As Apple makes reference to EU anti-competition investigations in a US Court document, the EU commission begins to stir, finally commenting on its current standing-point amongst the patent wars.
EU Competition Commissioner, Joaquín Almunia, released the following statement:
"We requested information from both Apple and Samsung. We have not yet received the answers. We need to look at this because IP rights can be used as a distortion of competition but we will need to look at the answers ... In particular, in the IT sector, it is obvious it is not the only case. Apple and Samsung is only one case where IP rights can be used as an instrument to restrict competition ... Standardisation and IP rights are two instruments that in this new IT sector can be used as a tool to abuse."
Naturally both Apple and Samsung would delay sending over the necessary documents, if either company is found to be in violation of EU regulation, they open themselves to a potential fine of up to 10 per cent of their entire global turnover. It is good for once to see that the EU commission is taking, albeit slow but appropriate measures in what has felt like a fight between grumpy children.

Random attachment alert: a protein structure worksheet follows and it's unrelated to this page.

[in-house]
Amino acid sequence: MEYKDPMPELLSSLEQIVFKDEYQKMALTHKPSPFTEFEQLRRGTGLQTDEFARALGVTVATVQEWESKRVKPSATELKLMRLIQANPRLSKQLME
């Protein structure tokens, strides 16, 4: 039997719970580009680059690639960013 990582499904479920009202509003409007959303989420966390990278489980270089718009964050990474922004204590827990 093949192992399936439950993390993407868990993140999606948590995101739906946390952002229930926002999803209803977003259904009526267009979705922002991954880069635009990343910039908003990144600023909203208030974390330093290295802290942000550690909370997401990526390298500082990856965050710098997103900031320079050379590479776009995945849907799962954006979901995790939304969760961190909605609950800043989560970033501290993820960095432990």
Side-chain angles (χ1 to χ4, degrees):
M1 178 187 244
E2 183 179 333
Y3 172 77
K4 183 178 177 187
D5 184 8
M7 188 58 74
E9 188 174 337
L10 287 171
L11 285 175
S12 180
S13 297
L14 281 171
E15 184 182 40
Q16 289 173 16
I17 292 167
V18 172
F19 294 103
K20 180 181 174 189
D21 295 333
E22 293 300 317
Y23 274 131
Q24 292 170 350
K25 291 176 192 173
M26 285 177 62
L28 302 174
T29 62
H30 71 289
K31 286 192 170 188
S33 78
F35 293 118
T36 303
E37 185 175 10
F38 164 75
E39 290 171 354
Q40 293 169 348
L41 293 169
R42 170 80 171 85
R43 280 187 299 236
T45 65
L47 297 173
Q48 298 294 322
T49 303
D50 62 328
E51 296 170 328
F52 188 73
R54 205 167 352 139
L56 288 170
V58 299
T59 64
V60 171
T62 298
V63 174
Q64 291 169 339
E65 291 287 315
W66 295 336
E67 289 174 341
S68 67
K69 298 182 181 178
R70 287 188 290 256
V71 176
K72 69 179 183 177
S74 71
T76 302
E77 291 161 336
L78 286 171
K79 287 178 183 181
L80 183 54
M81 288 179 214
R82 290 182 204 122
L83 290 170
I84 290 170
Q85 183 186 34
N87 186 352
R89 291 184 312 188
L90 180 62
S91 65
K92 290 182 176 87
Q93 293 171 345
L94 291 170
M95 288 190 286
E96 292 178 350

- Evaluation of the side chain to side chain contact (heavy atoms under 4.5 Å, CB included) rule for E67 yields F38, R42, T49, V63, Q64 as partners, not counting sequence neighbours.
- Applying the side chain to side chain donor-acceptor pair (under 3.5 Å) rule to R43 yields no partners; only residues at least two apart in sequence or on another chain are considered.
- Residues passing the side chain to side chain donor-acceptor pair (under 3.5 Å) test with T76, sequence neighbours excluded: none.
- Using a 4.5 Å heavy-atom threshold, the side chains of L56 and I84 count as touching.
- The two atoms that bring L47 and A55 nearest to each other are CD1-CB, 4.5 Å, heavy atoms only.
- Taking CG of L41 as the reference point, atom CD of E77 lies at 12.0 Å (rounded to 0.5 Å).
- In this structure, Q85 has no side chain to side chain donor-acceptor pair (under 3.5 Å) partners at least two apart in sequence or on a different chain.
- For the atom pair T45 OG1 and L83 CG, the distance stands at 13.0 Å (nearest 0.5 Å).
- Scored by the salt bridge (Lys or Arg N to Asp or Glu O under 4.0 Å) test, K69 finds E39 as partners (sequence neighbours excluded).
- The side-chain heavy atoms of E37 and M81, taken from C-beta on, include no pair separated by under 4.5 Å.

Speculating, it is hard to confirm who may benefit most from EU intervention; the mention of standardisation feels like a dig against Samsung, who's primary defence has been patents underpinning 3G technology. Apple on the other-hand, relies primarily on its excessive design patents to box-in the design possibilities of competitors, who, for reasons of cost effectiveness and hardware limitations, often have an element of similarly between products; perhaps the IP rights that the commission was referring to. The concern though, is that standardisation is a clear public interest to be dealt with, whilst as always, IP rights, particularly the highly subjective design patents, are a never-ending matter for debate and, given the typical speed at which any segment of the EU progresses, we may see the matter of standardisation resolved long before the matter of IP rights in general. We all know who would benefit most from such a result.
The EU commission did remind everyone concerned that patent law is an individual matter for member states and that the EU monitors competition issues that may arise from the exercise of patent rights.